There is a line of district court decisions in the Fourth Circuit holding that red-letter clauses are enforceable if they are unambiguous as well. See Com. Union Ins. Co. v. Bohemia R. Assocs., Ltd., 855 F. Supp. 802, 806 (D. Md. 1991); Rogers v. Yachts Am., Inc., Case No. Y-81-2495, 1982 WL 195641, at **1, 2 (D. Md. June 9, 1982); cf. Cornell v. Council of Unit Owners Hawaiian Village Condominiums, Inc., 983 F. Supp. 640 (D. Md. 1997) (noting that terrestrial exculpatory clauses are presumptively valid under Maryland public policy favoring freedom of contract (quoting Adloo v. H.T. Brown Real Estate, Inc., 344 Md. 254, 259, 686 A.2d 298 (1996))).
Neither Newport News, Kerr-McGee Corp., nor any of the district court decisions mentioned above formally surveyed the circuit split on maritime red-letter clause enforcement. None of those cases affirmatively adopted either regime. The balance of these precedents, however, suggests that the Fourth Circuit leans heavily towards the plurality regime. Other jurisdictions appear to lean towards the plurality regime as well. The United States District Court for the District of Delaware, for example, affirmatively adopted the wider regime in In re Wechsler, 121 F. Supp. 2d 404, 432–33 (D. Del. 2000). That decision appears to align with the Third Circuit’s enforcement of a red-letter clause against negligence claims arising from a maritime affreightment contract in Tex. Co., 206 F.2d at 55. The United States District Court for the Eastern District of New York affirmatively adopted the plurality regime as well. Com. Union Ins. Co. v. Blue Water Yacht Club Ass’n, 239 F. Supp. 2d 316 (E.D.N.Y. 2003).
Commentators split just as the circuits do. Compare generally Matthew J. Bauer, Making Sense of Maritime Exculpation Clause Jurisprudence, 22 T.M. Cooley L. Rev. 309 (2005), with Michael A. Orlando, Circuit Split Widens over Exculpatory Clauses in Maritime Contracts, IRMI (Feb. 2004). Competing public policies favoring freedom of contract and prohibiting you from absolving yourself of your own liabilities represent important interests and values. Individuals and businesses in the maritime industry must be especially careful to consider their jurisdiction’s attitudes towards balancing these interests and values when negotiating and drafting maritime contracts. They should, for example, explicitly disclaim the specific liabilities they wish to release when incorporating red-letter clauses. Courts do not necessarily require “magic words” like “negligence” to enforce red-letter clauses. Cf. Adloo, 344 Md. at 266, 686 A.2d at 304. But it is wise to include them anyway.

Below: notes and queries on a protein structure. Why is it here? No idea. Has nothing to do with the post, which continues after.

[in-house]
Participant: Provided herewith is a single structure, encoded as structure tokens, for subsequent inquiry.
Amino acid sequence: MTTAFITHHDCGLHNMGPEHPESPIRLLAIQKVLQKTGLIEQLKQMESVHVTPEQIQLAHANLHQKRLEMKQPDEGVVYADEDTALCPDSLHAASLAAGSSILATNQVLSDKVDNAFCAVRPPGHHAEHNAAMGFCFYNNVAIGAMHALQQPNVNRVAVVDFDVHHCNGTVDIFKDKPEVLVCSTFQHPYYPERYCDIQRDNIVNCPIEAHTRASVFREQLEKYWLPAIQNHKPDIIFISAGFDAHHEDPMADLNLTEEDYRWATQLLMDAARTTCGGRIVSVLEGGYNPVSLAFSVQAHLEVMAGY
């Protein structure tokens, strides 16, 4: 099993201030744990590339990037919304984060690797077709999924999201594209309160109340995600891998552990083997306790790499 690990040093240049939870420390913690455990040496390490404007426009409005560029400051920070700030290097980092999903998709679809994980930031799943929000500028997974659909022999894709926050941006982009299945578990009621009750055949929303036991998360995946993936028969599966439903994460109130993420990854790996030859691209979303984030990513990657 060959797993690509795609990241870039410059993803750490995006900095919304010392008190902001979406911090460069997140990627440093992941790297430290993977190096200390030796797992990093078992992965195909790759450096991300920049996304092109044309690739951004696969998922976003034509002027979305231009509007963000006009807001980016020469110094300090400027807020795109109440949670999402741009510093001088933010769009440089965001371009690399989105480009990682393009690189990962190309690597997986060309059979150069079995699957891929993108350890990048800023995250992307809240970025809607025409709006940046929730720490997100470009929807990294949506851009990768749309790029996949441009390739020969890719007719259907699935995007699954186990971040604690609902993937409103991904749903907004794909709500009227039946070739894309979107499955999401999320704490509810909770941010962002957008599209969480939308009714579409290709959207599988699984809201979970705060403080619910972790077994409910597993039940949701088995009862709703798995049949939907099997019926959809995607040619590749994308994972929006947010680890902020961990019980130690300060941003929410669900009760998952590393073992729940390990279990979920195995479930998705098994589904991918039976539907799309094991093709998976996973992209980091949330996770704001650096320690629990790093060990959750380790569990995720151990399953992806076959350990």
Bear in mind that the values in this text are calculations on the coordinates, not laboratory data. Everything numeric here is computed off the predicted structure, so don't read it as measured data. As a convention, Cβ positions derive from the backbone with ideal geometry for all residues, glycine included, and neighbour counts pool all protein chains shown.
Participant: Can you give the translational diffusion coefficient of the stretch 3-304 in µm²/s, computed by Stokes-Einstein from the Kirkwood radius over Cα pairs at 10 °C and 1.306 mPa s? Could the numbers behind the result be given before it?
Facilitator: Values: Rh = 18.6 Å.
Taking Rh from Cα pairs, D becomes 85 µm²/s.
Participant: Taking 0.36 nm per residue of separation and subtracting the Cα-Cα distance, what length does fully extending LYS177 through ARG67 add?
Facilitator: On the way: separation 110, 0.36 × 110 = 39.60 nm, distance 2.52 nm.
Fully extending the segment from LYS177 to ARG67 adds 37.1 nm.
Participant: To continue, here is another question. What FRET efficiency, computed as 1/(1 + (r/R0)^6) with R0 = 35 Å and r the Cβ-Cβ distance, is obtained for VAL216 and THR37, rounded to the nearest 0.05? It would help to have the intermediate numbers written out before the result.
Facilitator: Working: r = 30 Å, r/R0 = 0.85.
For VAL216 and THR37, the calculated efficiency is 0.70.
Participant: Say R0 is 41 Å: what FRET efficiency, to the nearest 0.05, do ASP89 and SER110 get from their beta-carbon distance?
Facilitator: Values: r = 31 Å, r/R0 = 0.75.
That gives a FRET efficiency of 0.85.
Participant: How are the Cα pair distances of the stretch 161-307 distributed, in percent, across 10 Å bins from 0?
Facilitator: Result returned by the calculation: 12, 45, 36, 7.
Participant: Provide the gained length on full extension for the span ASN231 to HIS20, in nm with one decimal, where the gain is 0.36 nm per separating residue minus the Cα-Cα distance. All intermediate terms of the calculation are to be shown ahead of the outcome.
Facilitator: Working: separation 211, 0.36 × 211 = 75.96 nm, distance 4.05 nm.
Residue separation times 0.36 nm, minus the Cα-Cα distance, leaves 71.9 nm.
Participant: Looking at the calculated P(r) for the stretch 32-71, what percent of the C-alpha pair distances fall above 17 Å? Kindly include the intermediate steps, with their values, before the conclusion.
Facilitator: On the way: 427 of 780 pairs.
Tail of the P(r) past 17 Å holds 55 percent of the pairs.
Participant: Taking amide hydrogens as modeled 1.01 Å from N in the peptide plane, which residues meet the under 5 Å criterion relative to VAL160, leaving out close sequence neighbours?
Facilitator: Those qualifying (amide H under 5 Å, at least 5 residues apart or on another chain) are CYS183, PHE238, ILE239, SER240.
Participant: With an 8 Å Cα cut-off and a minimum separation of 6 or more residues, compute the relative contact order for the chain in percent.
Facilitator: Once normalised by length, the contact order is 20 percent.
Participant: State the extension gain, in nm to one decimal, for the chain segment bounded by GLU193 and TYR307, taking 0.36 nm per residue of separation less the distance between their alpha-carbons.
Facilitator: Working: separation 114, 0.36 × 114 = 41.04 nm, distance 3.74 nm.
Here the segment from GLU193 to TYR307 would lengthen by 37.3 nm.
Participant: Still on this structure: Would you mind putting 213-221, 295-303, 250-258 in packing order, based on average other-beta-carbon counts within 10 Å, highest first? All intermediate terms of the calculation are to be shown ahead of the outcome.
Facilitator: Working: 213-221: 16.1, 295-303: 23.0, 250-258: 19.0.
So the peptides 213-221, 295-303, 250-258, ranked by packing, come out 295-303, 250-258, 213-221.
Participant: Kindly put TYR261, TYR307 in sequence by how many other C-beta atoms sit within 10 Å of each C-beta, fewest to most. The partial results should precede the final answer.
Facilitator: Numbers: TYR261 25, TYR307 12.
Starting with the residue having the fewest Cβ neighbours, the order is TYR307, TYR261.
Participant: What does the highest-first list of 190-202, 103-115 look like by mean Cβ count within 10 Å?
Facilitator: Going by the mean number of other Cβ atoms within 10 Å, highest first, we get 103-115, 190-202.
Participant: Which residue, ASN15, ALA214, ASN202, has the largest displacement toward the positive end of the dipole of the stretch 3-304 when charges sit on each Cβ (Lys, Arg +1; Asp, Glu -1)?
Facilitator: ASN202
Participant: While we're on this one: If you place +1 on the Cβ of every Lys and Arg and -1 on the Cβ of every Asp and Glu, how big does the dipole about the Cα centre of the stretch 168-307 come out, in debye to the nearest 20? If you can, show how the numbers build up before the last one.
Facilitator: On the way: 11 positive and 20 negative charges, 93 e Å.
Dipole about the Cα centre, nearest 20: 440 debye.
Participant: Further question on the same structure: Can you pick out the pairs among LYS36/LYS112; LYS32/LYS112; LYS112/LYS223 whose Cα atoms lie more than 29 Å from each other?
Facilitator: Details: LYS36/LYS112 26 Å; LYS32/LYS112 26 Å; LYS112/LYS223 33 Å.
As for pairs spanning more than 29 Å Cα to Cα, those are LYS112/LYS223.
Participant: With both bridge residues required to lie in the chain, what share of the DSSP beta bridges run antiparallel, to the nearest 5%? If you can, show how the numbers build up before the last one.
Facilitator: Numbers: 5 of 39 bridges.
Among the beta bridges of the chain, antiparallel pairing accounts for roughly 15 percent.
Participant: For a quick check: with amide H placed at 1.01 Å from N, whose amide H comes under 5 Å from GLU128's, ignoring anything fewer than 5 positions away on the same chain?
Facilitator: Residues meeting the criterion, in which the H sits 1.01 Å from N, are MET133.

The United States Court of Appeals for the Eleventh Circuit explicitly articulated a discrete three-step test for determining the enforceability of red-letter clauses in maritime contracts: a red-letter clause must clearly and unambiguously state the intentions of the parties; 2) a red-letter clause must not absolve all liability and deter negligence; and 3) the parties must have equal bargaining power to prevent overreaching. Mount Sage, Ltd. v. Rolls-Royce Com. Marine Inc., 635 Fed. App’x 833, 836 (11th Cir. Jan. 5, 2016).
 The United States District Court for the Eastern District of New York applied New York state law following its determination that New York state law and federal admiralty law did not conflict on the enforceability of red-letter clauses in maritime contracts. Com. Union Ins. Co. v. Blue Water Yacht Club Ass’n, 239 F. Supp. 2d 316, 320 (E.D.N.Y. 2003).
Written by associate Joshua T. Carback, Esq. ©